Digital Cameras

​The Leica SL (type 601) – full frame, mirrorless, interchangeable lens camera

​The Leica SL (type 601) – ful...
Leica SL - launching in November with a 24-90mm F/2.8-4 standard zoom lens
Leica SL - launching in November with a 24-90mm F/2.8-4 standard zoom lens
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Leica SL - at US$11500 for a body and lens kit, this is aimed well into the premium segment.
1/5
Leica SL - at US$11500 for a body and lens kit, this is aimed well into the premium segment.
Leica SL - initial 24-90 lens will soon be joined by 50mm and 90-280mm offerings.
2/5
Leica SL - initial 24-90 lens will soon be joined by 50mm and 90-280mm offerings.
Leica SL - minimalist controls simplify the shooting process and put the focus on creative. As with other Leica cameras, there's a fair bit of "hold down this button and roll this dial" kind of thing going on.
3/5
Leica SL - minimalist controls simplify the shooting process and put the focus on creative. As with other Leica cameras, there's a fair bit of "hold down this button and roll this dial" kind of thing going on.
Leica SL - launching in November with a 24-90mm F/2.8-4 standard zoom lens
4/5
Leica SL - launching in November with a 24-90mm F/2.8-4 standard zoom lens
Leica SL - the company's first full-frame mirrorless camera with interchangeable lenses
5/5
Leica SL - the company's first full-frame mirrorless camera with interchangeable lenses

Leica has released details of its full-frame mirrorless, interchangeable system – the Leica SL. Using the same excellent 24-megapixel CMOS sensor as the Leica Q we reviewed in June, the SL debuts with a 24-90 mm f/2.8-4 zoom lens. It looks like a beast, but it’s going to sit in an awkward spot – it’ll struggle to compete with full-frame workhorse DSLRs for resolution, lens choices or autofocus speed, and it’s far too big to enjoy the portability advantages of other mirrorless full-frames like Sony’s A7R II. And the price? Put it this way: if you sold both your kidneys at the average Iranian black market rate, you’d still be short.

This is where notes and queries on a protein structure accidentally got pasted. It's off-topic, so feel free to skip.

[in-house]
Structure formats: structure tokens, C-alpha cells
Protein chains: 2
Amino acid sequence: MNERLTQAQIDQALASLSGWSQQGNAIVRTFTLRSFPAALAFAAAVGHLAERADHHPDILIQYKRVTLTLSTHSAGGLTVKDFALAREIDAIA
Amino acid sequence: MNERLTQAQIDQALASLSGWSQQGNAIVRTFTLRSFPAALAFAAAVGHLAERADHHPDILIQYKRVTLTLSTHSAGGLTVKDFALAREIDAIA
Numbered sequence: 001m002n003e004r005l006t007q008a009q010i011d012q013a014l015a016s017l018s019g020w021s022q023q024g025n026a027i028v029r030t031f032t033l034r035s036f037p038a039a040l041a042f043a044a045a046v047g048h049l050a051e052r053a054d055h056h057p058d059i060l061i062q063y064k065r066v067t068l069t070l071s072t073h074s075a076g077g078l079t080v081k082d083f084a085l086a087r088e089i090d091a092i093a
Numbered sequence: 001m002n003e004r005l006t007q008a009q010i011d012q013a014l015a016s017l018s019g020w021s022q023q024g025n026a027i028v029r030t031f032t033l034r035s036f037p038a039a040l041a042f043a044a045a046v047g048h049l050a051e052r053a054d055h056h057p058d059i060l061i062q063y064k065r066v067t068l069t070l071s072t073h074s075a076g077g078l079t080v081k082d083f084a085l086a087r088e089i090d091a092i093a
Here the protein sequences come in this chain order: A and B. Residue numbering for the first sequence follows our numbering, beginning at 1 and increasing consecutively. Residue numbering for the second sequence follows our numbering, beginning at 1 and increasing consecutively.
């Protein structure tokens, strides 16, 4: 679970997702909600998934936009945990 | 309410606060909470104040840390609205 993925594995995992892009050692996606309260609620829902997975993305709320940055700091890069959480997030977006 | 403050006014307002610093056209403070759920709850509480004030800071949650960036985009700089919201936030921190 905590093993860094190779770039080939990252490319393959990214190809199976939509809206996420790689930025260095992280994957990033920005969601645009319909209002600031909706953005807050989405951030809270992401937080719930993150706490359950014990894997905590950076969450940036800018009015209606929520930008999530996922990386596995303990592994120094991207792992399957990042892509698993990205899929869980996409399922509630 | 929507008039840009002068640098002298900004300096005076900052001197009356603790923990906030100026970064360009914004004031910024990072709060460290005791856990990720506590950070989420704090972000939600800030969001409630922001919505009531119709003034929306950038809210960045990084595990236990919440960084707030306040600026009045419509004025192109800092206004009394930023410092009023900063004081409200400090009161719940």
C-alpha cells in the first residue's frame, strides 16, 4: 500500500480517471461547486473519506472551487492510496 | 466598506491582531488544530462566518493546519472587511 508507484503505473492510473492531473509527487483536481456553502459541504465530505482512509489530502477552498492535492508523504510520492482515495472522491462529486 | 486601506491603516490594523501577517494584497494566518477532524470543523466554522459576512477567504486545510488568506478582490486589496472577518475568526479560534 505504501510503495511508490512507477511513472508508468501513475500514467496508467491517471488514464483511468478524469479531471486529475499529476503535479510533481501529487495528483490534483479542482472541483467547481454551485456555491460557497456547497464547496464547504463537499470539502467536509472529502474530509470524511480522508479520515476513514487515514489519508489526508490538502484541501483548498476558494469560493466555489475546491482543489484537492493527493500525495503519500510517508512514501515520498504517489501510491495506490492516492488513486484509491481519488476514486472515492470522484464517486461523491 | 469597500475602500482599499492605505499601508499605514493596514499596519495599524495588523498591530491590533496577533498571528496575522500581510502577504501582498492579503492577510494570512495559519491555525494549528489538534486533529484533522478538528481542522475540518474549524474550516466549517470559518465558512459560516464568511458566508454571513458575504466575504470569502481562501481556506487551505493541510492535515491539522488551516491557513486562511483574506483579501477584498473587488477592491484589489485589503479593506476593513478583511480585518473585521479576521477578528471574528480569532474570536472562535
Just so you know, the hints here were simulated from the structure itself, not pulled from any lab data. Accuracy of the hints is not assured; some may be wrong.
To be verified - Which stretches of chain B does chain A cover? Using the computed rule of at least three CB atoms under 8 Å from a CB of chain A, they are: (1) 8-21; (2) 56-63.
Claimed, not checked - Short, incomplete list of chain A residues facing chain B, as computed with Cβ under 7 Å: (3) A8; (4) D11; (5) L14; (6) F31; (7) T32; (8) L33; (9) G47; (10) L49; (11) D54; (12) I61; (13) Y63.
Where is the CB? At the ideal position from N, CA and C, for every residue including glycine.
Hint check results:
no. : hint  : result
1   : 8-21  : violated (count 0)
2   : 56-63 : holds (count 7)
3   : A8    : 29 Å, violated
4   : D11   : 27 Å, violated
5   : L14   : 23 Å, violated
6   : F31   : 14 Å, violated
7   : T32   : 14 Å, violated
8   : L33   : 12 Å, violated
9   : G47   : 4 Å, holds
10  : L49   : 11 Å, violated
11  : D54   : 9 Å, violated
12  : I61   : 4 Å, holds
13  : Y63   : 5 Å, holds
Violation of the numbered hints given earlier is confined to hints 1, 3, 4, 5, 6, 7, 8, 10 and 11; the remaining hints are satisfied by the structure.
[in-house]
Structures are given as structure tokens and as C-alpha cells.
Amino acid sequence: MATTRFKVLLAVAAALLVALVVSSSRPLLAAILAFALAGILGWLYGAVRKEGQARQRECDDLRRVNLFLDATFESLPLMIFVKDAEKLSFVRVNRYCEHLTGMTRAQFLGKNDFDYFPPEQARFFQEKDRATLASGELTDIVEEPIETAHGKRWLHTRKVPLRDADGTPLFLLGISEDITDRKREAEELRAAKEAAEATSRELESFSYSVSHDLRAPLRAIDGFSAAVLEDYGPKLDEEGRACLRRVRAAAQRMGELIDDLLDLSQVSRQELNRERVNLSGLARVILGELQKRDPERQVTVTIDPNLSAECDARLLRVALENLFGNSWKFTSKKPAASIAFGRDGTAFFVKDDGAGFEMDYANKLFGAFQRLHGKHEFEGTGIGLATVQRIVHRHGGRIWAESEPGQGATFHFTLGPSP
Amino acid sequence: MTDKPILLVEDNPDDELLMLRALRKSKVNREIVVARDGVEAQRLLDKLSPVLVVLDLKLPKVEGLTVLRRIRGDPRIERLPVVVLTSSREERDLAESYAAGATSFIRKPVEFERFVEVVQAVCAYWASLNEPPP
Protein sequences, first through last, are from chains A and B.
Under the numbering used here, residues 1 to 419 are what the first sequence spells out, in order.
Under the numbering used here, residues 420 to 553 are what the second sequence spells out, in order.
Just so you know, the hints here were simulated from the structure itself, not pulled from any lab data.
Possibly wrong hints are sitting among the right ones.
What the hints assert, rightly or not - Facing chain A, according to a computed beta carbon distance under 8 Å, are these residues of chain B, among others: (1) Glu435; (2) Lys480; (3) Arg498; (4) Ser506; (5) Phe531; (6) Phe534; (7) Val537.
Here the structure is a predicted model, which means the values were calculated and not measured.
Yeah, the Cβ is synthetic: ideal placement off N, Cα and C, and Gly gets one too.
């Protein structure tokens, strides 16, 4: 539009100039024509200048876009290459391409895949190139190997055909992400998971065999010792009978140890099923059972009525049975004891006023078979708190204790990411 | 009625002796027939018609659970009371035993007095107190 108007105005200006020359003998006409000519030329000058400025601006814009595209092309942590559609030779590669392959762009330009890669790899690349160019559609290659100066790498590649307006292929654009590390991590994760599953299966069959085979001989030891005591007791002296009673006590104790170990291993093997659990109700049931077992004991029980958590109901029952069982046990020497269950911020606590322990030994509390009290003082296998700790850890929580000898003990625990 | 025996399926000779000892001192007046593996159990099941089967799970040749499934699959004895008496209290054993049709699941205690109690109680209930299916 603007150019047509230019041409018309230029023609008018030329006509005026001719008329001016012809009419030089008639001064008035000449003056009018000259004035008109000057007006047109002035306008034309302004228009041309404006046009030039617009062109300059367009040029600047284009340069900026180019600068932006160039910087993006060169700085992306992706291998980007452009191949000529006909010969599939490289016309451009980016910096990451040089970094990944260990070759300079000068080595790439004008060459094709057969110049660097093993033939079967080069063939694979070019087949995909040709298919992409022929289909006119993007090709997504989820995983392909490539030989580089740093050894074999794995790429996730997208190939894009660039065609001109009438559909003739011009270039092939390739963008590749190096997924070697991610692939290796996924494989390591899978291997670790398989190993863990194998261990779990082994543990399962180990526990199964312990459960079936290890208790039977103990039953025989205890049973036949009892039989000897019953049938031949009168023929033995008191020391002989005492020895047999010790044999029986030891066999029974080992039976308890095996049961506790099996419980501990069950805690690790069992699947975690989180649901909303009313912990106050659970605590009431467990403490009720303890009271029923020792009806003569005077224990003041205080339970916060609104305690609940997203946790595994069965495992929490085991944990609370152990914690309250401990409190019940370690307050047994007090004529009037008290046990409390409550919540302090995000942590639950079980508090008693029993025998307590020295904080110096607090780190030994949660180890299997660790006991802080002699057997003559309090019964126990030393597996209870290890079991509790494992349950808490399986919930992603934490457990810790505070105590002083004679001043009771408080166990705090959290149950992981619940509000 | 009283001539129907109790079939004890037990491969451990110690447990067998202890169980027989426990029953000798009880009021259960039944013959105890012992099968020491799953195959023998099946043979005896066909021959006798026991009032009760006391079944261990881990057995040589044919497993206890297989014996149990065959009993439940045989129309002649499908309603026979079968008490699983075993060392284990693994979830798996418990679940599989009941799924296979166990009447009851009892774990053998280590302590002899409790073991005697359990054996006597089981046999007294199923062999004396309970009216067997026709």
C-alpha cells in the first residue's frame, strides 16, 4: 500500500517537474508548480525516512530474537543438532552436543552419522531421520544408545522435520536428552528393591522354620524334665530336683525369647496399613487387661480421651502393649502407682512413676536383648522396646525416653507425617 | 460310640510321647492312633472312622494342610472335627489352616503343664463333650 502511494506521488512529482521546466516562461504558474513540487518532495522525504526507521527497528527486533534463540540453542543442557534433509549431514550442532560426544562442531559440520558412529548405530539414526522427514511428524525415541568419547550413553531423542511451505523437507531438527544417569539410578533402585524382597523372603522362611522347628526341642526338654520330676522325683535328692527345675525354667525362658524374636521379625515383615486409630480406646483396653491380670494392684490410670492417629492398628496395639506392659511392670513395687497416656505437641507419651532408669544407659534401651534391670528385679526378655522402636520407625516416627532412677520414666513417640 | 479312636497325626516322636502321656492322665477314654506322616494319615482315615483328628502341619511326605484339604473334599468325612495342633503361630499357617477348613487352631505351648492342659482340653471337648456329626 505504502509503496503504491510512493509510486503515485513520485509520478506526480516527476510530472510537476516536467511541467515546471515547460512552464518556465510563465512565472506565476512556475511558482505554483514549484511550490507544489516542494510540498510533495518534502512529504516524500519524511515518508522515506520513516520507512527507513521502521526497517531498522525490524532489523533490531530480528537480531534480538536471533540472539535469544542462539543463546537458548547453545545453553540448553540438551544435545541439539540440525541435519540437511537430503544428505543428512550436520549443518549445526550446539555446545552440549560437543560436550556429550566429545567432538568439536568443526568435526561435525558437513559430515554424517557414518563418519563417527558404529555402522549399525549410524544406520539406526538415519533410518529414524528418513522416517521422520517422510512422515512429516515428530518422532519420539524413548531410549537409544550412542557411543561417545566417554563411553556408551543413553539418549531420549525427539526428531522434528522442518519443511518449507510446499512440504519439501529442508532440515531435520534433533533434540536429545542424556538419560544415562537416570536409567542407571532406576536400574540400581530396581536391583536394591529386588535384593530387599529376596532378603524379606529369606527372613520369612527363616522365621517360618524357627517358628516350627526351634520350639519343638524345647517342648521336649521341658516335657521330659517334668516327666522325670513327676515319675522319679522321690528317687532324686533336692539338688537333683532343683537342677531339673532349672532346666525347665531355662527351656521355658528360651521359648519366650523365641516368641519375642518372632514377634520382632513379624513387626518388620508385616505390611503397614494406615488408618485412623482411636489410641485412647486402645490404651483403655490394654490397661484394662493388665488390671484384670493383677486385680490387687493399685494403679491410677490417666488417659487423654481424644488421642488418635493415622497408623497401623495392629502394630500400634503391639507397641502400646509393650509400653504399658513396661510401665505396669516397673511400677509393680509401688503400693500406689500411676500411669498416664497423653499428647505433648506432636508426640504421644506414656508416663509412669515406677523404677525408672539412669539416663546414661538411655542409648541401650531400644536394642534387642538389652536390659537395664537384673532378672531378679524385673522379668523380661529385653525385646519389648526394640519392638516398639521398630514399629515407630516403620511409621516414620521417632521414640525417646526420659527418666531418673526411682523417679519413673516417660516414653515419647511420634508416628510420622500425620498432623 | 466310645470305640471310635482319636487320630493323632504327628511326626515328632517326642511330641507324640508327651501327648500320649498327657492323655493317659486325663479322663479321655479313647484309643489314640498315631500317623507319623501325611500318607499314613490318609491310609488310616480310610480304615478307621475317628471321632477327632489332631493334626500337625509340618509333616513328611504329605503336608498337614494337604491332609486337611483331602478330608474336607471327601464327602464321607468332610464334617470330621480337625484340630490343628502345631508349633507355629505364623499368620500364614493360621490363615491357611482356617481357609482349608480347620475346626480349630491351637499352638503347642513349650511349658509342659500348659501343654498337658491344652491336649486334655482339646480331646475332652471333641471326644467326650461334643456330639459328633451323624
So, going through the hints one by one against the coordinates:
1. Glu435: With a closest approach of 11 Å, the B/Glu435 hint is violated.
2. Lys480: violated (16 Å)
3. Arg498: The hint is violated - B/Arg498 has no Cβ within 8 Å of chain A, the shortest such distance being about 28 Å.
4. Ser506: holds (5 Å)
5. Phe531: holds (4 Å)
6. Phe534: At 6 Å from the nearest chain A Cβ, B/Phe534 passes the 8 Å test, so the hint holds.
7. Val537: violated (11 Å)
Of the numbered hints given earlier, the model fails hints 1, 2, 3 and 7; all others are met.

The specs on the Leica SL are impressive. We know the sensor is great, the EVF is a 4.4 million pixel beauty with a latency time "below the threshold of perception," it shoots 11 frames per second for quick action shots and the company boasts that its contrast-detect autofocus system is the fastest on the market. Presumably they mean the fastest on the mirrorless market.

It launches with the fastest zoom lens in the full frame mirrorless class as well – a 24-90 mm Vario-Elmarit-SL with an aperture of f/2.8 at the wide end and f/4 at full zoom. This will soon be joined by a 50mm f/1.4 and a cannon of a tele zoom in the 90-280 f/2.8-4.

Leica SL - initial 24-90 lens will soon be joined by 50mm and 90-280mm offerings.
Leica SL - initial 24-90 lens will soon be joined by 50mm and 90-280mm offerings.

The control system is typical Leica – minimalist to a fault, with just a few unmarked buttons and dials that can be assigned to different functions. It won’t be a pick-up-and-shoot special, there’s going to be a learning curve.

It looks like video is more than an afterthought here. The SL shoots in 8-bit 4K with a built-in flat color mode to maximize post-processing abilities. There’s 3.5mm audio in and out jacks for external microphones and headphones, and a full size HDMI port that lets you record even higher quality 10-bit 4:2:2 footage using an external recorder. 1080p recording will support up to 120 frames per second for slow-motion.